Kane’ohe Bay Marine Life

A Healthy and Unique Marine Ecosystem

Kane’ohe Bay is a perfect habitat for a wide variety of marine life.  Its calm, protected waters provide just the right conditions for coral reefs to grow, which in turn provides the habitat for creatures great and small, from the tiniest reef fish to giant sea turtles and manta rays.

Because of how remote the Hawaiian Islands are, roughly 25% of all marine species that we have here are considered endemic to Hawai’i, meaning they do not exist anywhere else in the world.  Everything that lives here must have been able to either swim, drift, or hitch a ride somehow for at least 3000 miles before finding the warm, tropical waters inside Hawai’i’s reefs.

But there is still a spectacular amount of marine life that has found its way here, some that are just passing through during their migrations, and others that live their whole lives here in the bay.  Their home is supported by one of the tiniest animals in the ocean that many people don’t even realize is an animal: coral!

Coral Reef: The Foundation of the Tropical Marine Ecosystem

Many people don’t realize that coral is actually an animal!  A coral reef is actually a vast community of millions of tiny animals called polyps.  Coral polyps are very fragile, delicate animals.  They require the right temperature and the right amount of sunlight in order to survive.  Fortunately Kane’ohe Bay provides just the right conditions.

All life in this ecosystem relies on the coral reef in order to survive.  Coral provides shelter and food for many of the animals that live here.  Coral is at the bottom of the pyramid, the very foundation of the entire ecosystem.  If the coral goes away, so will all the other animals.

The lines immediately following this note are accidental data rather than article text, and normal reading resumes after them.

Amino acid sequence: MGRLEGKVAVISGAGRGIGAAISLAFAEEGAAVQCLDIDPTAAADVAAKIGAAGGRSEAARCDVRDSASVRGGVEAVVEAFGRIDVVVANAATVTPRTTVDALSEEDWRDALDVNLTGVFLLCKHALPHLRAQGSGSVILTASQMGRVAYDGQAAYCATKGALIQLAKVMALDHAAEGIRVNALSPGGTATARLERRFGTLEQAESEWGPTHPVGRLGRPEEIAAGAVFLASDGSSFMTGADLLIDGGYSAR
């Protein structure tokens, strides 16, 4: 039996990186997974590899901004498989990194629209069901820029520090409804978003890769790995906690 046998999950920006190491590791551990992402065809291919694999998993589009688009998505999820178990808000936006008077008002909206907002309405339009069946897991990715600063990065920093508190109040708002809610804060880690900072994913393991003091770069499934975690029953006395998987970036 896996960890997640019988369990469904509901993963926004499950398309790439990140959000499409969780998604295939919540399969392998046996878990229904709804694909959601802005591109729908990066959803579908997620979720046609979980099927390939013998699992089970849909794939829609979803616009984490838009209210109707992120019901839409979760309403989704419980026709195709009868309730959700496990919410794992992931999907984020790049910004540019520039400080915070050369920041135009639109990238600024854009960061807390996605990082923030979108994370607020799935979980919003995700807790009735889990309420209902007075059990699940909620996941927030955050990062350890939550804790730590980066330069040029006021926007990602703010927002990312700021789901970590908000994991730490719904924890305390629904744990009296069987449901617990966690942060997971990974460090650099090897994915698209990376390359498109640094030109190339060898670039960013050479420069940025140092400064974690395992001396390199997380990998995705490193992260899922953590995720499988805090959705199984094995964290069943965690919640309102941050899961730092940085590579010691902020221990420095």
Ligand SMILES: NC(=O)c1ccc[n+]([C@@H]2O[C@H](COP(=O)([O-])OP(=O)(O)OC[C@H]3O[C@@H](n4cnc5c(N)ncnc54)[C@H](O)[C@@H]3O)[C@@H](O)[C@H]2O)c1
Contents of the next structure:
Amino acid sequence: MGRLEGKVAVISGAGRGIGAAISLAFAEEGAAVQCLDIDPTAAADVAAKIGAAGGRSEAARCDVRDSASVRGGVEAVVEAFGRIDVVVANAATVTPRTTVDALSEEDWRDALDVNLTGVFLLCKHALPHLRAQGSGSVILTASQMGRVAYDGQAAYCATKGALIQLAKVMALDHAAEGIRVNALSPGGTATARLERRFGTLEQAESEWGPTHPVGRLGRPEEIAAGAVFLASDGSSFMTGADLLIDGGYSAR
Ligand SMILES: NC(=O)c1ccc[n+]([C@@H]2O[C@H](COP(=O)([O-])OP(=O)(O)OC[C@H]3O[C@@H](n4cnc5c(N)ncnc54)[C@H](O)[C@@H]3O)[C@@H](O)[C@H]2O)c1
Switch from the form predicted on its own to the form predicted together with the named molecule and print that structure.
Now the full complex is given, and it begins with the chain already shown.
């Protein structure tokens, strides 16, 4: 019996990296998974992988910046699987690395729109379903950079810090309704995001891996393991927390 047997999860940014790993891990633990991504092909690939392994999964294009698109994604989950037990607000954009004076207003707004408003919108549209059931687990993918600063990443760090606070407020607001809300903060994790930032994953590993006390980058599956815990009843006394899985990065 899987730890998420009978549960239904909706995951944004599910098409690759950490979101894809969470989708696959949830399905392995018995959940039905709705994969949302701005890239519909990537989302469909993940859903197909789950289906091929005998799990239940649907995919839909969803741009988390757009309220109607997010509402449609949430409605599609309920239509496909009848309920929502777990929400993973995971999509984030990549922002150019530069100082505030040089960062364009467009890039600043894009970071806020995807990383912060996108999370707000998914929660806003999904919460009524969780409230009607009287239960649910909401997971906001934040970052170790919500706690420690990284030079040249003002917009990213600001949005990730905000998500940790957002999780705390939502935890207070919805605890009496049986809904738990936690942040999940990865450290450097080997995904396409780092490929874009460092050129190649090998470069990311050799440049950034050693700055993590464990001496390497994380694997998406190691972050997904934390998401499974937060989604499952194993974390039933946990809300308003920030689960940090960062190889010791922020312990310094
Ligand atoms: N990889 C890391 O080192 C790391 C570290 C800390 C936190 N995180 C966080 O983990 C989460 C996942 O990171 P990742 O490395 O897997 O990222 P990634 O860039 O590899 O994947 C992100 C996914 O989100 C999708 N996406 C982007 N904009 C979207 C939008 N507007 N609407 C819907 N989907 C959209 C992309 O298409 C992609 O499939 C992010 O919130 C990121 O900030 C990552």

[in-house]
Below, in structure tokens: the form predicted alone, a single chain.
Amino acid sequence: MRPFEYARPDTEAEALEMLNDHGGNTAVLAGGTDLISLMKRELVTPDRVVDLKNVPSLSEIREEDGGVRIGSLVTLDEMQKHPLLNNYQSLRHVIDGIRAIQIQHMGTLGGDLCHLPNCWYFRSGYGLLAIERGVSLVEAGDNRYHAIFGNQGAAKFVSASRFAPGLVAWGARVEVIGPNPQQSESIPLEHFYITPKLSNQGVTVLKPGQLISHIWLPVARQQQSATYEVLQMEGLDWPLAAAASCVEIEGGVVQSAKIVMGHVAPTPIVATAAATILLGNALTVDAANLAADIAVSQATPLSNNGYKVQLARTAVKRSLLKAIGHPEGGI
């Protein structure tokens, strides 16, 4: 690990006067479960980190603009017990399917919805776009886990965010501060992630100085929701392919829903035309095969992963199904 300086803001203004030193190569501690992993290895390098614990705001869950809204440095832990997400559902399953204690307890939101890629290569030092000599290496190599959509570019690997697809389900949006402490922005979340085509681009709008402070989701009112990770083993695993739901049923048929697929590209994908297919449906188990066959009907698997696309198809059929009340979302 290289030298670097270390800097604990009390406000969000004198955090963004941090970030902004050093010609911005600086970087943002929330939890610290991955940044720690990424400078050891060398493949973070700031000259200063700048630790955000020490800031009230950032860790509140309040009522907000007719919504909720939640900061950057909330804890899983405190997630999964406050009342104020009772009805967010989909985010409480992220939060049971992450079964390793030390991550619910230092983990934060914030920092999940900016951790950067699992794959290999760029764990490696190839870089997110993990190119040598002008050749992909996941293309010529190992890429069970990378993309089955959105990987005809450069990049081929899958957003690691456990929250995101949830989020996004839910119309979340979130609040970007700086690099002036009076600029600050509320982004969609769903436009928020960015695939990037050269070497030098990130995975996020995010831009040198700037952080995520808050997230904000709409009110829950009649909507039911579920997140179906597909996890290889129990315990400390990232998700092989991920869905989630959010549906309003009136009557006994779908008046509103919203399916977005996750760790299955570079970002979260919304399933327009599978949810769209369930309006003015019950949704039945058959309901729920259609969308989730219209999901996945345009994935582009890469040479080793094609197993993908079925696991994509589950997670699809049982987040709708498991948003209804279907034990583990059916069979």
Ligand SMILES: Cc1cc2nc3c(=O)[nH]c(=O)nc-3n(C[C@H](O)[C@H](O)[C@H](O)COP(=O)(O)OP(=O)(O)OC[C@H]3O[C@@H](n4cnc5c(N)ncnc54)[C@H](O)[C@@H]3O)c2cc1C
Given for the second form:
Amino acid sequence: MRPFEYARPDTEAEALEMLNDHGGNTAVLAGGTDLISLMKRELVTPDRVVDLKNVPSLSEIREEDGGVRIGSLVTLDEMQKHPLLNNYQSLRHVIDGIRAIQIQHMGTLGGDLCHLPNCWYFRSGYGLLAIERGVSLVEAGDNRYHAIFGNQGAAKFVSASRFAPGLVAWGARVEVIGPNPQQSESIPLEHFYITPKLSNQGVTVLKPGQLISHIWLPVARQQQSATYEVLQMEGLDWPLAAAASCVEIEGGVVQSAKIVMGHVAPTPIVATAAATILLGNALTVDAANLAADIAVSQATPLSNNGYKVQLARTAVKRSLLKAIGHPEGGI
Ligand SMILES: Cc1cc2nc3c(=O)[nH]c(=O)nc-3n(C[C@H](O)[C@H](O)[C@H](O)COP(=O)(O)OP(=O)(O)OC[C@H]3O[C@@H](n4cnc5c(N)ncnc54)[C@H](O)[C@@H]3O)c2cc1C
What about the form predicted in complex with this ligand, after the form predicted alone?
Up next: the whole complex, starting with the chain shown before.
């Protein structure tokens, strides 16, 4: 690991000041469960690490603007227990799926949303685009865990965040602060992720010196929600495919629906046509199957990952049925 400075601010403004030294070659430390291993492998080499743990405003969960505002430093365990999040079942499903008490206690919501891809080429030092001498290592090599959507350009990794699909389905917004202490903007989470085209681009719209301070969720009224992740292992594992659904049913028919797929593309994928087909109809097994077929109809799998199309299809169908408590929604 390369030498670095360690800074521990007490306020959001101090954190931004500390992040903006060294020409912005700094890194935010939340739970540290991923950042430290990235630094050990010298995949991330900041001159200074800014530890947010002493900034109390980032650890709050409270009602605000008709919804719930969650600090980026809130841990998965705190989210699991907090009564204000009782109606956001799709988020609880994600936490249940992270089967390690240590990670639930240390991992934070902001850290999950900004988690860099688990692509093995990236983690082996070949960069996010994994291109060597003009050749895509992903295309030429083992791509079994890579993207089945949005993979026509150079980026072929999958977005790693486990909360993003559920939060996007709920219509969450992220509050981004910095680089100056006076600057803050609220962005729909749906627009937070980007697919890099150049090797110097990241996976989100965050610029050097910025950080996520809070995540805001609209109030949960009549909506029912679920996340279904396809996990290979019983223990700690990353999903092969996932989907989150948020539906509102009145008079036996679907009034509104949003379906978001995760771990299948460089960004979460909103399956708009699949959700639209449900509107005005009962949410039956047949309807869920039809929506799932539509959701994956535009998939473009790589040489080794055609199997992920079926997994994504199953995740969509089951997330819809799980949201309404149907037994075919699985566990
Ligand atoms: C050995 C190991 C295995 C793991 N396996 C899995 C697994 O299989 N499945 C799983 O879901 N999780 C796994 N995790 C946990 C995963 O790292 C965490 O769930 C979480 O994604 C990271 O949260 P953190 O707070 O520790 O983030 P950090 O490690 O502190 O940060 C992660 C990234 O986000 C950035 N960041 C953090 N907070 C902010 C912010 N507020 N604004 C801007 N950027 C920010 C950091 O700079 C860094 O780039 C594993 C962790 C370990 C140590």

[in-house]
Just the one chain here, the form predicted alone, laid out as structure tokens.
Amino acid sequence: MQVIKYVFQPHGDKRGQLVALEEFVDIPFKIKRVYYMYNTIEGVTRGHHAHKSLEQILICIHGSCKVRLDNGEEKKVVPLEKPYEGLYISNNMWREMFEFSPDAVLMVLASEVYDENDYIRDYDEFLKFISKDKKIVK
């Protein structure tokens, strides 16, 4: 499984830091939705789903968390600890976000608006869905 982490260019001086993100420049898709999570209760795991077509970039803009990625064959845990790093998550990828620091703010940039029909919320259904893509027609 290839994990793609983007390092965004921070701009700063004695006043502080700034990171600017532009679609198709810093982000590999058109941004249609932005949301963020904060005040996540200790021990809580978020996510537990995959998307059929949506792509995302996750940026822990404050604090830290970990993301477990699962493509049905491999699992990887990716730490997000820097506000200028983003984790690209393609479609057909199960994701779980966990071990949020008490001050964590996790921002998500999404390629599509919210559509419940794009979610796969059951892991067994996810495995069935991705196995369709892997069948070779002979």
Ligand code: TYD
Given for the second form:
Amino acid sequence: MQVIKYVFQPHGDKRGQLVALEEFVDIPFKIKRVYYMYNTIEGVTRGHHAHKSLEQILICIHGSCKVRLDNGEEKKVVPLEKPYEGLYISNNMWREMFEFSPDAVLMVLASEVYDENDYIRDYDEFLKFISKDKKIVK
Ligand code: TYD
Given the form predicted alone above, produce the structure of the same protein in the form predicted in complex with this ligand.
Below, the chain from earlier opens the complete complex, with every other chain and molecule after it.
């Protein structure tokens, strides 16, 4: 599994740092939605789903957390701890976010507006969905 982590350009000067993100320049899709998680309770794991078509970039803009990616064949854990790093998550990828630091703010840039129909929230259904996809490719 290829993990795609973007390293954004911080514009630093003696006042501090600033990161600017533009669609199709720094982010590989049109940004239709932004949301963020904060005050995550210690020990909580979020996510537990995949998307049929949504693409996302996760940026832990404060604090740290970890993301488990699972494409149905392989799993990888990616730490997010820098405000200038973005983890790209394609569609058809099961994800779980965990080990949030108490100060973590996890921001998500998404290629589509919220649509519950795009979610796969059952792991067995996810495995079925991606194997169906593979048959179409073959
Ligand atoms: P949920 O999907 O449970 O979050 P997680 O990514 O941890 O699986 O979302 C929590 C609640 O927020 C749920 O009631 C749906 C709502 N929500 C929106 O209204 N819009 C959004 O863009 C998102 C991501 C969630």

There are many different species of coral which get classified into two basic categories: hard corals and soft corals.  All of the coral species that live in Hawai’i are hard corals, and they grow an exoskeleton, which basically means their bones are on the outside.

This hard mineral exoskeleton protects the coral polyps within, but even so, corals are very fragile and easily broken, damaged, and destroyed by human impact.  One footstep can kill hundreds of years of coral growth.  And even the chemicals found in many common sunscreens have been found to be toxic to coral.

So when you kayak and snorkel here it is critically important to wear reef safe sun protection and avoid all contact with coral at all costs.  Even if it looks like rock, it is a living animal that all life on the reef depends on!

Formation of a Coral Reef

Coral polyps need very specific conditions in order to grow.  The right temperature and amount of sunlight are crucial.  Once the polyp has drifted upon a place with the right depth, visibility, sunlight, and temperature, it can grow and reproduce.

Coral reefs grow over decades, generations, even millennia.  A coral reef can be tens and even hundreds of thousands of years old.  In Hawai’i there are possibly 70 or more species of coral, roughly 25% of which are endemic, found nowhere else in the world by Hawai’i!